Over a decade ago when I was working as an x-ray technologist at a large hospital in southern California, a co-worker told me how she made Spanish rice. I have always remembered the simple ratios for the recipe’s backbone that she told me: approximately 1 can of tomato sauce, 2 cups of rice, 4 cups of broth.
Another co-worker made Spanish rice that I tasted and I remember thinking it was *the best* I’d ever tasted before – and this is from someone who grew up in southern California and was quite familiar with the tastes of authentic Hispanic flavors. Her particular secret? Using chicken broth instead of water. With these pieces of recipe advice in mind, I tried making Spanish rice for the first time ever myself back then. Naturally, it took a few batches to be satisfied with the final result. During the process, I learned:
- You really need to brown the rice, not just think it’s a little brown
- It’s okay to make something without exact measurements
- I finally figured out how to not burn the bottom of the rice on the stove
Since becoming vegan at home and deciding to cook without oil or with as little as possible, my original recipe for Spanish rice has morphed a bit to accommodate our eating habits. I used to use a lot of olive oil during the browning of the rice; now I use none at all or just the teeniest drizzle. I used to use a vegetarian broth mix (McKay’s Chicken Seasoning) but after learning it’s not vegan (darn that milk whey), I’ve switched over to using a combination of mushroom seasoning and vegetable broth seasoning. Unfortunately, red is a notoriously hard color to photograph, hence these pictures don’t look that nice. Considering that I don’t have exact measurements for the spices here, it may take a couple of tries to get the flavor to your taste. But heck, when you do get it right, it’s an easy meal made when you also open up a can of black beans, cut up some lettuce, and eat it all mishmashed together with salsa and chips.
Easy Spanish Rice
Serves 6-8 as a side dish
- 2 cups of jasmine rice (see notes)
- Oil, optional
- 1 medium sized onion, chopped
- 2 garlic cloves, minced (OR 1/2 to 1 teaspoon garlic powder)
- Ground cumin
- Broth powder/seasoning
- 1 8-ounce can of tomato sauce
- 1 4-ounce can of mild or hot diced chilies, drained (optional)
- 4 cups of vegetable broth (OR vegan chicken-flavored broth)
Using a wide pan or skillet on medium high-high heat, place the rice inside (and a small drizzle of oil, if wanted) and keep moving it around every 20-30 seconds or so until it’s uncomfortably browned. Add in the onion, garlic; stir it into the rice so it starts the sautéing process. Add a few light shakes of cumin, even less of cayenne, and a decent amount of extra broth powder (this is completely eyeballed) to the rice as it’s further browning the onions and garlic. Keep stirring until the onion and garlic is sautéed. Add the tomato sauce, chilies if using, and broth to pan and mix. Cover the pan and bring to a simmer for 20-25 minutes.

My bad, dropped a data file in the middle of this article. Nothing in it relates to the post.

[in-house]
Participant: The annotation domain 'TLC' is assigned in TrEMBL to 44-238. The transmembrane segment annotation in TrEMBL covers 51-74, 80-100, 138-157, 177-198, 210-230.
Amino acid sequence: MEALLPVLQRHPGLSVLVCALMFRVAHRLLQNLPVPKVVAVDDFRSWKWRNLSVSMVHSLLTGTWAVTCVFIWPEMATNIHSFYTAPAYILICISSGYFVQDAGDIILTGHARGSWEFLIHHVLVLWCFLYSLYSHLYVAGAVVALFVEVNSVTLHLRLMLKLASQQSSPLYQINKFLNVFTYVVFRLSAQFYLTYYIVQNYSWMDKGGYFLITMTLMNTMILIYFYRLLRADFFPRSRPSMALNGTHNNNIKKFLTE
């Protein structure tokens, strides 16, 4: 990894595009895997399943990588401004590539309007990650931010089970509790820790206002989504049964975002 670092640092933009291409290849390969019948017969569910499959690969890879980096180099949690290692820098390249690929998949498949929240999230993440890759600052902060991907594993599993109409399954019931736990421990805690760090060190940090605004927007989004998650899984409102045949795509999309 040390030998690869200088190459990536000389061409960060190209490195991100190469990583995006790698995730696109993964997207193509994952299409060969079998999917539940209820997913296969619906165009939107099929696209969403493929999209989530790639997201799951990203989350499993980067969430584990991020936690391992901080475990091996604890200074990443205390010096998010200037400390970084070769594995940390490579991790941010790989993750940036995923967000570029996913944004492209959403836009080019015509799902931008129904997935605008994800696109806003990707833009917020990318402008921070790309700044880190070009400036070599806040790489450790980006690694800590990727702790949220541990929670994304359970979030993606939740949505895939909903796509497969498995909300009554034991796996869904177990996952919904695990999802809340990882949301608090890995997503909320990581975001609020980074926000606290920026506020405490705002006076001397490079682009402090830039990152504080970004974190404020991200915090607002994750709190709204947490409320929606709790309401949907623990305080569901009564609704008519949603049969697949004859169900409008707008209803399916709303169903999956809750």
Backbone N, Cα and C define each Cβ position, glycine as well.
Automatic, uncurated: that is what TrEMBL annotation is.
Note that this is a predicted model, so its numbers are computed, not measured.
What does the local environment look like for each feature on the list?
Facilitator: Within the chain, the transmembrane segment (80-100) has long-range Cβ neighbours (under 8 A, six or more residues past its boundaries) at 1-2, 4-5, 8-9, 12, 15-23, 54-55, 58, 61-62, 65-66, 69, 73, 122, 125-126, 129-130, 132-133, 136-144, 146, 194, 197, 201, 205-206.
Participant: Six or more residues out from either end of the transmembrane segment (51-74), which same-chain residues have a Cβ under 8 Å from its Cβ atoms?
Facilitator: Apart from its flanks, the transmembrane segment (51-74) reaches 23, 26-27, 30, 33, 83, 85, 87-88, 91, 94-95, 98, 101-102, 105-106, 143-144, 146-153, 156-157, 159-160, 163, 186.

At the end of that time, peek under the lid and check if the rice appears to be done; if not, replace lid and leave on low for another 5 minutes. After that, turn the heat off and let the pan sit covered for an additional 5 minutes before taking the lid off and fluffing the rice. If the rice seems still a little wet, keep the lid off and leave the heat on low for another 5 minutes. I know this is a lot of “5 minutes” but it works, promise!
- I grew up on jasmine rice and so I always use jasmine rice for anything that calls for “white rice.” I’m sure you can use another white rice, as long as it’s not a “quick cooking” type (i.e. Uncle Ben’s brand).
- I tend to only use red onions these days for the amount of antioxidants they have versus what can be found in white or yellow onions. In my opinion, it doesn’t seem to affect the taste.
- I’ve found that using actual liquid broth (i.e. canned or boxed vegetable broth) results in the best final flavor. If I only have powdered broth that needs to be mixed myself, I add water in the amount of liquid called for and then also stir in broth powder that’s needed for that amount of liquid.
- When browning the rice, keep a close eye on it – it can burn quick! It’ll take a while for the pan to get up to the right heat, but once it does, keep moving things around until the rice is (in your opinion) uncomfortably brown. At that point you’ll add in the spices and onions and it’ll brown even more. Don’t be afraid of browning the rice too much – that’s where all the nutty good flavor comes from. Of course, there is a distinct difference between browning rice and burning it altogether!